“Let’s see if we can survive until Sunday when we have a game against a super team that is one of the favourites to win the Premier League,” said Tottenham Hotspur coach Jose Mourinho on Tuesday after his side knocked out Chelsea from the League cup on penalties.
Mourinho was referring to the game against Manchester United amid fixture congestion brought about by Tottenham’s Europa League qualifiers.
In hindsight, the comment by Mourinho, who at the time was involved in a series of digs and counter-digs with United counterpart Ole Gunnar Solskjaer, couldn’t have been more tongue-in-cheek. The Portuguese had departed United after falling out with the club’s board in December 2018 following a string of poor results. Since then, United have fallen into the topsy-turvy cycle of results symptomatic of the post-Alex Ferguson era.
Spurs won 6-1 as the Premiership ended a crazy weekend with champions Liverpool’s high line defending being caught out by Aston Villa; new signing Ollie Watkins scoring a hattrick in the 7-2 victory. Never have any Premier League champions let in that many.
With United’s chief executive Ed Woodward and owners, the US-based Glazer family, already facing flak from fans after another transfer window plagued by a lack of signings, Mourinho and Tottenham dissected the 13-time Premier League champions’ flaws in full public glare at Old Trafford. Despite United earning, and converting, a first-minute penalty, Spurs dominated the game. Leading 2-1 when United’s Anthony Martial was sent off in the first half, Spurs inflicted on United their joint-worst defeat in the Premier League era.
If there was a match that illustrated how disjointed United have become in recent years, it was this. Questions have resurfaced over Solskjaer’s tactical acumen. The Norwegian had started his managerial stint with a series of remarkable results including the famous 3-1 win in Paris in March 2019 that saw United erase a two-goal deficit at home and knock PSG out of the Champions League.
“Ole’s at the wheel, tell me how good does it feel,” soon reverberated across the Old Trafford terraces. However, almost two years since his first United game as manager, not many fans seem confident about Solskjaer’s ability to steer the club back to the top.
Against a Spurs side playing its fourth game in eight days, and eighth in 22, United lacked intensity and were outwitted. While Harry Maguire, a £80 million signing last season, had a poor afternoon, French World Cup winner and club record signing Paul Pogba seemed invisible at times. The vaunted United midfield was overwhelmed by a better-organised Spurs side.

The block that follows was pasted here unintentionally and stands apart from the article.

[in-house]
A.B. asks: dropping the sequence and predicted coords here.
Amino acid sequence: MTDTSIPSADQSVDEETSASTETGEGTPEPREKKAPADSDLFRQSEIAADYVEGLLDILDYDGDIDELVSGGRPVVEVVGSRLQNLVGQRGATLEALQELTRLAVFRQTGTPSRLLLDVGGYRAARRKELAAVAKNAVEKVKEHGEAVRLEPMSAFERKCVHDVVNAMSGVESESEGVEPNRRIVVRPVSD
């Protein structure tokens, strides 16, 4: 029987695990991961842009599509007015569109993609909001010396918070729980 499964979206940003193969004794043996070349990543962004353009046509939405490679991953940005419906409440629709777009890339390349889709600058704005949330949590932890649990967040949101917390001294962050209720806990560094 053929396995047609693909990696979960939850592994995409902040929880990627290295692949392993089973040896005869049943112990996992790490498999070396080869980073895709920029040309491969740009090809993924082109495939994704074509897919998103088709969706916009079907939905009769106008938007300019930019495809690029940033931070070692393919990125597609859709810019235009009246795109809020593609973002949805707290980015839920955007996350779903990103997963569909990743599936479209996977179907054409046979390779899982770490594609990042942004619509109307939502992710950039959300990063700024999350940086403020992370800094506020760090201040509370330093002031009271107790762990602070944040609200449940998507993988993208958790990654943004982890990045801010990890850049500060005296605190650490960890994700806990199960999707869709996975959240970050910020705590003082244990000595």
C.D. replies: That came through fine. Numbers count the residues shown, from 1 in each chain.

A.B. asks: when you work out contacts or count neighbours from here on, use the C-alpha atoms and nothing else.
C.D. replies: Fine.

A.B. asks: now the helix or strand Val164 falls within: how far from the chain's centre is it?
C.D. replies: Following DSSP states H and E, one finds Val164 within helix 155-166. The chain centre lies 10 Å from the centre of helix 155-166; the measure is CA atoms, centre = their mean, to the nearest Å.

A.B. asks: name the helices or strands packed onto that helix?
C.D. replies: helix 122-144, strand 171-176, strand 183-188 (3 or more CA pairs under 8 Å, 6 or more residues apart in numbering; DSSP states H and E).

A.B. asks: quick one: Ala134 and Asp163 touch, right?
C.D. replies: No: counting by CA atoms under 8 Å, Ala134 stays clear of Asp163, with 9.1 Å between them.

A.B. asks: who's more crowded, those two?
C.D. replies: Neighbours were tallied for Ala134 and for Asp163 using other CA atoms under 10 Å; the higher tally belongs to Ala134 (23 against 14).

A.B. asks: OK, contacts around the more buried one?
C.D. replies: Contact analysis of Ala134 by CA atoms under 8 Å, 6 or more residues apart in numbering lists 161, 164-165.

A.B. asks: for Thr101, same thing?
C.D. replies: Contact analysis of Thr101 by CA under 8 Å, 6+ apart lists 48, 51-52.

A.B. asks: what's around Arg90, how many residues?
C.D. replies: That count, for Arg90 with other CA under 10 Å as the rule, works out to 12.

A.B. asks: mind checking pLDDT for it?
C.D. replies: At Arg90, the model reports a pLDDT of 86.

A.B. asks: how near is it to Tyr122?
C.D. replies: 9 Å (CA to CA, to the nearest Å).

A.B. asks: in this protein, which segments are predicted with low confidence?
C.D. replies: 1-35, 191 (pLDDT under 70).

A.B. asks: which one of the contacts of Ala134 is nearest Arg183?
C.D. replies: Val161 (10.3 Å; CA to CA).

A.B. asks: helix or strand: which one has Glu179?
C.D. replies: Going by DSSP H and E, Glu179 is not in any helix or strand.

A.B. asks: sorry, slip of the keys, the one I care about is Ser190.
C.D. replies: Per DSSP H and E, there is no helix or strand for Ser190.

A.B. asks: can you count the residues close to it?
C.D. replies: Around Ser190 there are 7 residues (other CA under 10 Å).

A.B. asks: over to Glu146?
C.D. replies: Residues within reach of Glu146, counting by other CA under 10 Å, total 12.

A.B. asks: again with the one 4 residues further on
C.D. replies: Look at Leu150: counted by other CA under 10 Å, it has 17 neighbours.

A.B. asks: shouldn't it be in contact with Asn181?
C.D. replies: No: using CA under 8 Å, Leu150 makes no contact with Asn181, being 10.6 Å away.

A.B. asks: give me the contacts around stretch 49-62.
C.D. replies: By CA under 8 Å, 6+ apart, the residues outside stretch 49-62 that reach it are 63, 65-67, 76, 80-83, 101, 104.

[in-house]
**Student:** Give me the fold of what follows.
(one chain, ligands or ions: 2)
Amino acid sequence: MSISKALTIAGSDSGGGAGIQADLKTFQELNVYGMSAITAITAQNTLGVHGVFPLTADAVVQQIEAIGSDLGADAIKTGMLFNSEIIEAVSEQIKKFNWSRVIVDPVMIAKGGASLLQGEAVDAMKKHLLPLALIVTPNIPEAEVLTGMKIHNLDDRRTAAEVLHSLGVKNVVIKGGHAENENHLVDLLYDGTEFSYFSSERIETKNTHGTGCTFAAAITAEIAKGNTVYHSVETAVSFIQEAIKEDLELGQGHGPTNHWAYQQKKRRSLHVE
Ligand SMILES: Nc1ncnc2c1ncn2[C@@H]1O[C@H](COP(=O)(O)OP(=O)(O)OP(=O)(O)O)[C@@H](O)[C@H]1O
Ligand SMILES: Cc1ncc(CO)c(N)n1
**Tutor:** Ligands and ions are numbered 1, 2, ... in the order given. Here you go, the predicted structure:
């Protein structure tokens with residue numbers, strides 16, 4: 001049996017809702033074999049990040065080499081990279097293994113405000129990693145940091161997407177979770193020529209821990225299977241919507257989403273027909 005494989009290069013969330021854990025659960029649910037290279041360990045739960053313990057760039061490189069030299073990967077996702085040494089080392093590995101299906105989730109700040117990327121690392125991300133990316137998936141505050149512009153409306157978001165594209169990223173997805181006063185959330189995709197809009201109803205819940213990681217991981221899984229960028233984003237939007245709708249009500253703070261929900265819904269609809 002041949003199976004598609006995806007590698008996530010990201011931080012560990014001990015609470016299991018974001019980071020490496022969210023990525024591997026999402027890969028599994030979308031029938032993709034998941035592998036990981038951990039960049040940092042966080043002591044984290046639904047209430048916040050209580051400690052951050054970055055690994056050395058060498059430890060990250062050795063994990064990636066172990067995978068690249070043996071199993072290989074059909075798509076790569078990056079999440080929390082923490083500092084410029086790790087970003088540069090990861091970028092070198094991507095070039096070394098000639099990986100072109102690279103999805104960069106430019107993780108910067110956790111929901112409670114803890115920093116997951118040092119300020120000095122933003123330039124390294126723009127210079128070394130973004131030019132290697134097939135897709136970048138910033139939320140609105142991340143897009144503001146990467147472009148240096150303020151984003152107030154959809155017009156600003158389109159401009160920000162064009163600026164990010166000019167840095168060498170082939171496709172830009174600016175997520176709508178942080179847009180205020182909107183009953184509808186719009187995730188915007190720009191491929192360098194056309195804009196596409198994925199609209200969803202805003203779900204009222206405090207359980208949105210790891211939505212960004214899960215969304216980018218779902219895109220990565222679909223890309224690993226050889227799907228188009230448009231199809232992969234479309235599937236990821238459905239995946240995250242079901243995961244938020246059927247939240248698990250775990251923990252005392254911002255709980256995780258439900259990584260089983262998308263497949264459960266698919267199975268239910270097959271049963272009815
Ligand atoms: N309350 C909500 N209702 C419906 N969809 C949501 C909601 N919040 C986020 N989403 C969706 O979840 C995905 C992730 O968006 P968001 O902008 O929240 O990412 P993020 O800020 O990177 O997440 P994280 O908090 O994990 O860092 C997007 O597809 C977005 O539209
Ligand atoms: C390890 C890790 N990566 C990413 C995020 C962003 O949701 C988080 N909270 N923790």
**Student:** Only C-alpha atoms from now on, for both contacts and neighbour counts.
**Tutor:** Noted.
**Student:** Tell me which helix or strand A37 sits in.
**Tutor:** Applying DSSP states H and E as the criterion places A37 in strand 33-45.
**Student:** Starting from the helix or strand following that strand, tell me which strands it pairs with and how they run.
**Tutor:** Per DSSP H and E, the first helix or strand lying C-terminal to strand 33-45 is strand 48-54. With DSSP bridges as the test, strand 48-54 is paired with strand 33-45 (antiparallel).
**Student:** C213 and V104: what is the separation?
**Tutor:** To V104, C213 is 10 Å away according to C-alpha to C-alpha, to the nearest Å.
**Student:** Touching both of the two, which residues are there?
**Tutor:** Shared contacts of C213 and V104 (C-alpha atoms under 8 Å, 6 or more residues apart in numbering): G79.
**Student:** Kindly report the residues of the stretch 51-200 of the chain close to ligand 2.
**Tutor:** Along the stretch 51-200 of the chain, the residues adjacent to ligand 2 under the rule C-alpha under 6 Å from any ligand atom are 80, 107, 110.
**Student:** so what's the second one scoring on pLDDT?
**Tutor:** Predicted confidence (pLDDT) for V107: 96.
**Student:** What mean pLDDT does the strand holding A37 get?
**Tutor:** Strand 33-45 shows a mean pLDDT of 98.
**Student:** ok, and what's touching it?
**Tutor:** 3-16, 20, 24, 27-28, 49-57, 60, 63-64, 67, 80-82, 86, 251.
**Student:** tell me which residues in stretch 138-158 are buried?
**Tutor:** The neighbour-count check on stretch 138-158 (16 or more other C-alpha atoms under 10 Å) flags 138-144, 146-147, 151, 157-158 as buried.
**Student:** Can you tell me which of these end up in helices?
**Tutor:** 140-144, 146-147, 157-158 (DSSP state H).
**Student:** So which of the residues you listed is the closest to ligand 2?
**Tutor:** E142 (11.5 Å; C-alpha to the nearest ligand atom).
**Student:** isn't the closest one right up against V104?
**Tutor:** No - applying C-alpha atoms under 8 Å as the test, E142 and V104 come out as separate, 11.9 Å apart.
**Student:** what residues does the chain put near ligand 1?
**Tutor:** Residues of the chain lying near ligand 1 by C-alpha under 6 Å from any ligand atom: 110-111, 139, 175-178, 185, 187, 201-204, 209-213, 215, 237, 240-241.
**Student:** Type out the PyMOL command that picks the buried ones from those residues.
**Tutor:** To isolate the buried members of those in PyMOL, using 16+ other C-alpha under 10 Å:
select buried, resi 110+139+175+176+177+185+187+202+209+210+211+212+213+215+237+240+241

United do have a squad capable of beating anybody on its day, as some results last season showed. The problem is that those days don’t come very often. United’s lack of cohesion on the pitch is an indictment of both the manager and the owners. A club that lacks a clear transfer strategy, often pays inflated fees and wages and is accused of being content with commercial success can perhaps only get so far on the pitch.
SHOCKER AT VILLA PARK
Watkins had already scored a hattrick when he hit the crossbar. As the TV broadcaster replayed Watkins’s miss, one couldn’t miss the bizarre positioning of Liverpool goalkeeper Adrian standing in for the injured Alisson.
As the cross was delivered towards the box from Villa’s right flank, Adrian moved further to his right and away from target man Watkins. Even the English commentator in the global feed seemed shocked. “He is on his way out of Villa Park there, with the position he is in!”
Watkins’s miss was not enough to save Adrian as Villa handed Liverpool their worst Premier League defeat. An Adrian mispass in his penalty area started the nightmare, the ball meant for Joe Gomez reaching Villa’s enterprising skipper Jack Grealish who passed for Watkins to convert.
It is not the first time that an Adrian’s error has hurt Liverpool. Earlier this year, he made a similar mistake in the Champions League Round of 16 second-leg against Atletico Madrid as Liverpool crashed out after leading on aggregate early in extra-time.
According to stat aggregator Opta, Adrian has made five mistakes directly leading to goals in 21 games. First-choice goalkeeper Alisson has made the same number of errors in 92 games. However, Adrian was hardly the main reason behind Liverpool’s humiliation on Sunday.
The Reds looked vulnerable almost every time Villa, who finished 17th last term, attacked. Dean Smith’s side shrewdly dealt with Liverpool’s high line drawing the Reds into their half and regularly using wide players to create space. Juergen Klopp has never shied away from admitting that his is a high-risk strategy. His team did manage to create multiple chances on Sunday but their capitulation at the back was startling.
“Rubbish mistakes,” Klopp said later. The German coach has evolved his high-press over the years. But he will be concerned by recent defensive vulnerabilities despite having in Virgil van Dijk one of the finest centre-backs in the game now. Since resumption of football in England in June after the coronavirus pandemic, Liverpool have conceded more goals in proportion than they used to since the 2018-19 season.
The Reds leaked the least goals in the Premier League in the last two seasons – 22 in 2018-19 and 33 in the next. Before the lockdown, Liverpool had shipped 21 goals in 29 games. In the nine games since resumption in 2019/20, they conceded 12 times. This season, they have already conceded 11 goals in four games, three of them against newly promote Leeds United.
The ease with which Villa ran away with Sunday’s game could call for some serious introspection at Anfield. But unlike Solskjaer, who will be feeling the heat in the Old Trafford hot seat, Klopp can begin his inquest with far less pressure.